Discrimination and Harassment

Discrimination and harassment claims often increase in a down economy. Learn the proper techniques for conducing proper workplace harassment investigations, providing sexual harassment training, and more to reduce claims of employment discrimination and preventing sexual harassment in the workplace.

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An employee who has fully recovered from a medical crisis isn’t likely to qualify as disabled under the ADA. Therefore, she would not be entitled to further accommodations. In addition, as this case shows, a few negative comments about her prior condition would not be considered to create a hostile environment.

Employers that use general tests to screen applicants run the risk of facing a disparate-impact discrimination lawsuit. If that happens, you will have to prove that the test measures qualities that relate to actual job duties.
A federal appeals court on June 20 dismissed Abercrombie & Fitch’s appeal of an EEOC religious discrimination lawsuit that the Supreme Court addressed in June.
Over the last several years, legislatures around the United States have worked to increase protections for pregnant workers, and the EEOC has identified the treatment of pregnant women in the workplace as one of its top priorities.
Generally, employees can’t sue their employers because of a personality conflict with a supervisor. Nor can they allege that it’s a form of retaliation for a disliked supervisor to show up in court in order to “torment” the employee.
The EEOC, for the first time on the federal level, has ruled that discriminating against an employee based on sexual orientation counts as unlawful sex discrimination under Title VII of the Civil Rights Act.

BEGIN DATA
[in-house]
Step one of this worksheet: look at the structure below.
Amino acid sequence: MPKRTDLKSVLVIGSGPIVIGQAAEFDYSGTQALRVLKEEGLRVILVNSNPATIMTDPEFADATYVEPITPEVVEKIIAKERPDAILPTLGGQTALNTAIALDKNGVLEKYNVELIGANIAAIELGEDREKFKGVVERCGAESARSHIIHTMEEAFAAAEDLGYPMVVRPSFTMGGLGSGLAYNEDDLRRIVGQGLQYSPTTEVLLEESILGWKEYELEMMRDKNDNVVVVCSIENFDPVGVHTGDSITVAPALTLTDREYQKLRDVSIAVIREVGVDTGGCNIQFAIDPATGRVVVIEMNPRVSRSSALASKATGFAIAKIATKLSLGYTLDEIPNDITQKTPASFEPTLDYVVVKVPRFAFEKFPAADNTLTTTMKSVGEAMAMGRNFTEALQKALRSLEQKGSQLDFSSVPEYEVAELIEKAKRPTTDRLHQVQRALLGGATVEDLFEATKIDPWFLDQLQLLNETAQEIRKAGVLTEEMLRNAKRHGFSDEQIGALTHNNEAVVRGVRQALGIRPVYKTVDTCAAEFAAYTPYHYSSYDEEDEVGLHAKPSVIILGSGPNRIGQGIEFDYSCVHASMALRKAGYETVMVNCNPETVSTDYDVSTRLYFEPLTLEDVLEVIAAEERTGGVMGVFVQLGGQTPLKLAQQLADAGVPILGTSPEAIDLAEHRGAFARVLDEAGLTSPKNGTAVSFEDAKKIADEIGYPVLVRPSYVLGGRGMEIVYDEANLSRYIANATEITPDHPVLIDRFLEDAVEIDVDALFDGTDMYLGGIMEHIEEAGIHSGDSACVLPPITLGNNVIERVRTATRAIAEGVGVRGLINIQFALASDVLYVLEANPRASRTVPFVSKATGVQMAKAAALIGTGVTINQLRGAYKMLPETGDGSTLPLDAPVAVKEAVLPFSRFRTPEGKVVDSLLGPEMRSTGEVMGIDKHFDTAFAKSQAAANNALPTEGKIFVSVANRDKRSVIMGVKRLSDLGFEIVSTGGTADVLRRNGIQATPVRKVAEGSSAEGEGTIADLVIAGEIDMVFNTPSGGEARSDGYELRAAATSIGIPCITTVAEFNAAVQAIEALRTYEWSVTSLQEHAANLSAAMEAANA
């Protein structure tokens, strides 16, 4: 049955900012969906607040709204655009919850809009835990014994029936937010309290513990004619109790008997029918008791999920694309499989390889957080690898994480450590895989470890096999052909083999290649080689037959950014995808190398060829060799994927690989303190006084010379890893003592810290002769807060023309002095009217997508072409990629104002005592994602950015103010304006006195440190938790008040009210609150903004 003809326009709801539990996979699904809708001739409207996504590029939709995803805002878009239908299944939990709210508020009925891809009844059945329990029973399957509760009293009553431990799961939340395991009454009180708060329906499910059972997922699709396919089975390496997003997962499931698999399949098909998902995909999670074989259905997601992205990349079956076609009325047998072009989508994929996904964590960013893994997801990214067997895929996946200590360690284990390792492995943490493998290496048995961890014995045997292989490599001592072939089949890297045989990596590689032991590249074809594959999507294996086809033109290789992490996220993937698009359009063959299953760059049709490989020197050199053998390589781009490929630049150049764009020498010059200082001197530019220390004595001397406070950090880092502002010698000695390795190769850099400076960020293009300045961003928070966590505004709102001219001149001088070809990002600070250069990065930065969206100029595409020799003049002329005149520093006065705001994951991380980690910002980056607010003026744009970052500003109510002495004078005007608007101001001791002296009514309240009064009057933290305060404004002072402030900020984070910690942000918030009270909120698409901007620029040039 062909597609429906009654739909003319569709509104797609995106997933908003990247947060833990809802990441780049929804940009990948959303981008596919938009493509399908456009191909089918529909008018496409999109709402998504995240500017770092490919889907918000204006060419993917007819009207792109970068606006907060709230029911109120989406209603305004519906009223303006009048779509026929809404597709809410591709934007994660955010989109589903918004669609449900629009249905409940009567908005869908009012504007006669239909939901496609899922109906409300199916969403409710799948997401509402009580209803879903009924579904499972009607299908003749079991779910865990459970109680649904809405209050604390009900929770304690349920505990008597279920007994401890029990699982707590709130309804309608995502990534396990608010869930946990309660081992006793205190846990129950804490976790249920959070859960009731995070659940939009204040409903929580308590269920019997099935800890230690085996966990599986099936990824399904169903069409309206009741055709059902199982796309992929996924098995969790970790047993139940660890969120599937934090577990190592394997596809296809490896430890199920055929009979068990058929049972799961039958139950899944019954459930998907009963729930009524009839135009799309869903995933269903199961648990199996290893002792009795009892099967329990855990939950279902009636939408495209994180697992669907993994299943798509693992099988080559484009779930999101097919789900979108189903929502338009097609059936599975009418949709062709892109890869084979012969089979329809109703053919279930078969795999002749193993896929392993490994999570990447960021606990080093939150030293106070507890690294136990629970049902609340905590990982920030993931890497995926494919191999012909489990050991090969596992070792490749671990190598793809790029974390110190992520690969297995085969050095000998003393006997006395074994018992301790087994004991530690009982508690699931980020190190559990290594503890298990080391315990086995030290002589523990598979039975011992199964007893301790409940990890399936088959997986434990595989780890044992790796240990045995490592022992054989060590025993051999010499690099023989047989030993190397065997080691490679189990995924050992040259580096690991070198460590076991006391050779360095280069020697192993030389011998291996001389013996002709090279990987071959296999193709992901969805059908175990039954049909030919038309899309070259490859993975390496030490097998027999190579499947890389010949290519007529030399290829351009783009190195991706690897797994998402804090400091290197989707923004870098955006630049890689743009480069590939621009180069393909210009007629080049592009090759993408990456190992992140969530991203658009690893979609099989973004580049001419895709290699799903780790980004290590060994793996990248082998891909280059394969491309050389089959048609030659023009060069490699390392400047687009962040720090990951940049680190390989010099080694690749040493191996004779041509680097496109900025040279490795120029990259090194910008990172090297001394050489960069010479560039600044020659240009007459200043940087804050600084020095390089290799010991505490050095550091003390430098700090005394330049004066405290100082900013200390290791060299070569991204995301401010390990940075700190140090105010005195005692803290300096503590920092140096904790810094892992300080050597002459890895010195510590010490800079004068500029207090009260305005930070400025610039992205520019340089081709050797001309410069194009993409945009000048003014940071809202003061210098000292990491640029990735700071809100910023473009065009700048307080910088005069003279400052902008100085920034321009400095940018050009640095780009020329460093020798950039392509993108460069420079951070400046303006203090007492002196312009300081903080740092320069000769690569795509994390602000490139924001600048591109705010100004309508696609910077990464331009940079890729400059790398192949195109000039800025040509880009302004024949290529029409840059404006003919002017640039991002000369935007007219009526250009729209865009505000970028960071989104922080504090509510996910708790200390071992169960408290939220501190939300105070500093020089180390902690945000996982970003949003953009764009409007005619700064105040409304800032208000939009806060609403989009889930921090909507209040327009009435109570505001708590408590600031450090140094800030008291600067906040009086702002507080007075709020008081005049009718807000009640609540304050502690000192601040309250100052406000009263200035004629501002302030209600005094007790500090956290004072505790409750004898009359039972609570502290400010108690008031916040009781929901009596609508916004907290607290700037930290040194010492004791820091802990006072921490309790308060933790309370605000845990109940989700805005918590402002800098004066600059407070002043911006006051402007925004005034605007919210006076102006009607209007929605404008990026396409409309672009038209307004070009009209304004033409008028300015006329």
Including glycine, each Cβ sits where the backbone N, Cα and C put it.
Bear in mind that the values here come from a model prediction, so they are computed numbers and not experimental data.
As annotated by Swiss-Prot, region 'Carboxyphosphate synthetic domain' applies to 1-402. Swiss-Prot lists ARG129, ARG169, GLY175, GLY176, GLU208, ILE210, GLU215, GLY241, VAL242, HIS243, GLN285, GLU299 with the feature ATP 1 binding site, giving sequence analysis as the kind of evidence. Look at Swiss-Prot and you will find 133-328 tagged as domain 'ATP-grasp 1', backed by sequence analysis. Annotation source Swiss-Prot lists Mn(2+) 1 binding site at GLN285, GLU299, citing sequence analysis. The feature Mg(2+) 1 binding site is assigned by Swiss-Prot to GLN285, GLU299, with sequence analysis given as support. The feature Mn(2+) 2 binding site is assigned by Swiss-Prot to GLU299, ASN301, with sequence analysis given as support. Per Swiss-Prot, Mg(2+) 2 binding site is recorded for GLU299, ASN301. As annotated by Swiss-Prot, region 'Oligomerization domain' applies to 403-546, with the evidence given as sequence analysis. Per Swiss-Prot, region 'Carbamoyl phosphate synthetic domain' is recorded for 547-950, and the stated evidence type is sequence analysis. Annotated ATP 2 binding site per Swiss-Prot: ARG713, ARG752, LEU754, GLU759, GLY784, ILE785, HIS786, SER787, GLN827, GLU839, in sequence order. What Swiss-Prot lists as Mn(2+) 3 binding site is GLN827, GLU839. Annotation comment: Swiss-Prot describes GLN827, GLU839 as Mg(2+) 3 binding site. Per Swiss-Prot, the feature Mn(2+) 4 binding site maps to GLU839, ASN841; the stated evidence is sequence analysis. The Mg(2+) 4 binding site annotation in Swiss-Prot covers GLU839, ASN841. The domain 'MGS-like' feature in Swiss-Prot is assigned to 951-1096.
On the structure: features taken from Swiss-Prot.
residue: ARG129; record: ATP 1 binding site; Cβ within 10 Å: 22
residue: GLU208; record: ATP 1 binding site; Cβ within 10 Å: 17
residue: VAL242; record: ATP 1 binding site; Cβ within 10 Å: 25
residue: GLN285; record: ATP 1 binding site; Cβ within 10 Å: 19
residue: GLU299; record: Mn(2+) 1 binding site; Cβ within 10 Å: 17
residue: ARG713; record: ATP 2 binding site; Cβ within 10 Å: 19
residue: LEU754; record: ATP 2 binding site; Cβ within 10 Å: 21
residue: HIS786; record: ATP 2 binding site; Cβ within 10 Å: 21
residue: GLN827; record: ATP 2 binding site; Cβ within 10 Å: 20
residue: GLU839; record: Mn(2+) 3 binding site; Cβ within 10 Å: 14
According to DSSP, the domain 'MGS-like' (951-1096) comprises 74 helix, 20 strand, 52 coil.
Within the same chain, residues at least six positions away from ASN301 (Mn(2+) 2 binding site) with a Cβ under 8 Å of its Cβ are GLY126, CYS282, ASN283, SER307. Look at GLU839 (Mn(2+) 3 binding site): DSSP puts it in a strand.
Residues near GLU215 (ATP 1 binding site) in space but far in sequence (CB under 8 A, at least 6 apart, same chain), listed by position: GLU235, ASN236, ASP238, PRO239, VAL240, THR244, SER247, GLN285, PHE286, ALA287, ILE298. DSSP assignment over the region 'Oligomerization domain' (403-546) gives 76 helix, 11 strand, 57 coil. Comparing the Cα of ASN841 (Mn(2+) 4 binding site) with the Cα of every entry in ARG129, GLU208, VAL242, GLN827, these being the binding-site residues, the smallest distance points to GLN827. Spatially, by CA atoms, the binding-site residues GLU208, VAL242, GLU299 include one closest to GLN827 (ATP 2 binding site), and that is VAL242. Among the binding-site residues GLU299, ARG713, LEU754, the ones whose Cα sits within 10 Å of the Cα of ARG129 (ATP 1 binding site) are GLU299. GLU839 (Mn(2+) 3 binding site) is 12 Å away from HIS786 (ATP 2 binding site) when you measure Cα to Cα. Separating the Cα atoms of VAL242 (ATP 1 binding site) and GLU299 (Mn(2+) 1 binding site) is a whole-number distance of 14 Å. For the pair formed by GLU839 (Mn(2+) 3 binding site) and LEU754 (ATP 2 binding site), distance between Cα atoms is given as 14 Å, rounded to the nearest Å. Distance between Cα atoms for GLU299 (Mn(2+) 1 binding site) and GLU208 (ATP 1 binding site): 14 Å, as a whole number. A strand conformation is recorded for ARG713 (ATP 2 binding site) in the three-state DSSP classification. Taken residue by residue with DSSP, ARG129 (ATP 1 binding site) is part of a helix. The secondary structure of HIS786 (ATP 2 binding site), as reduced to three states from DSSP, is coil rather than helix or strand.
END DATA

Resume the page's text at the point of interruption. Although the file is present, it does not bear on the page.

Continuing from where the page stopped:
If an employee complains about harassment, take the complaint seriously, even if the harasser is a customer. Ban the customer to make sure the harassment stops—and call the police if the harassment involves touching or invasion of privacy.
Q. Does the recent U.S. Supreme Court decision on same-sex marriages have any effect on us with regard to the Americans with Disabilities Act?
A federal judge has ordered the Houston-based United Bible Fellowship Ministries to pay a former employee nearly $75,000 in back pay and damages because of the nonprofit’s policy prohibiting pregnant employees from working and barring the hiring of pregnant women.

Time was when an employer’s only preoccupation with restrooms was whether the cleaning crew was keeping them stocked with soap, towels and toilet paper. Enter the new reality: Federal agencies and lesbian, gay, bisexual and transgender (LGBT) rights groups are contending that transgender employees should be given the right to choose between restrooms having an “M” or a “W” on the door.

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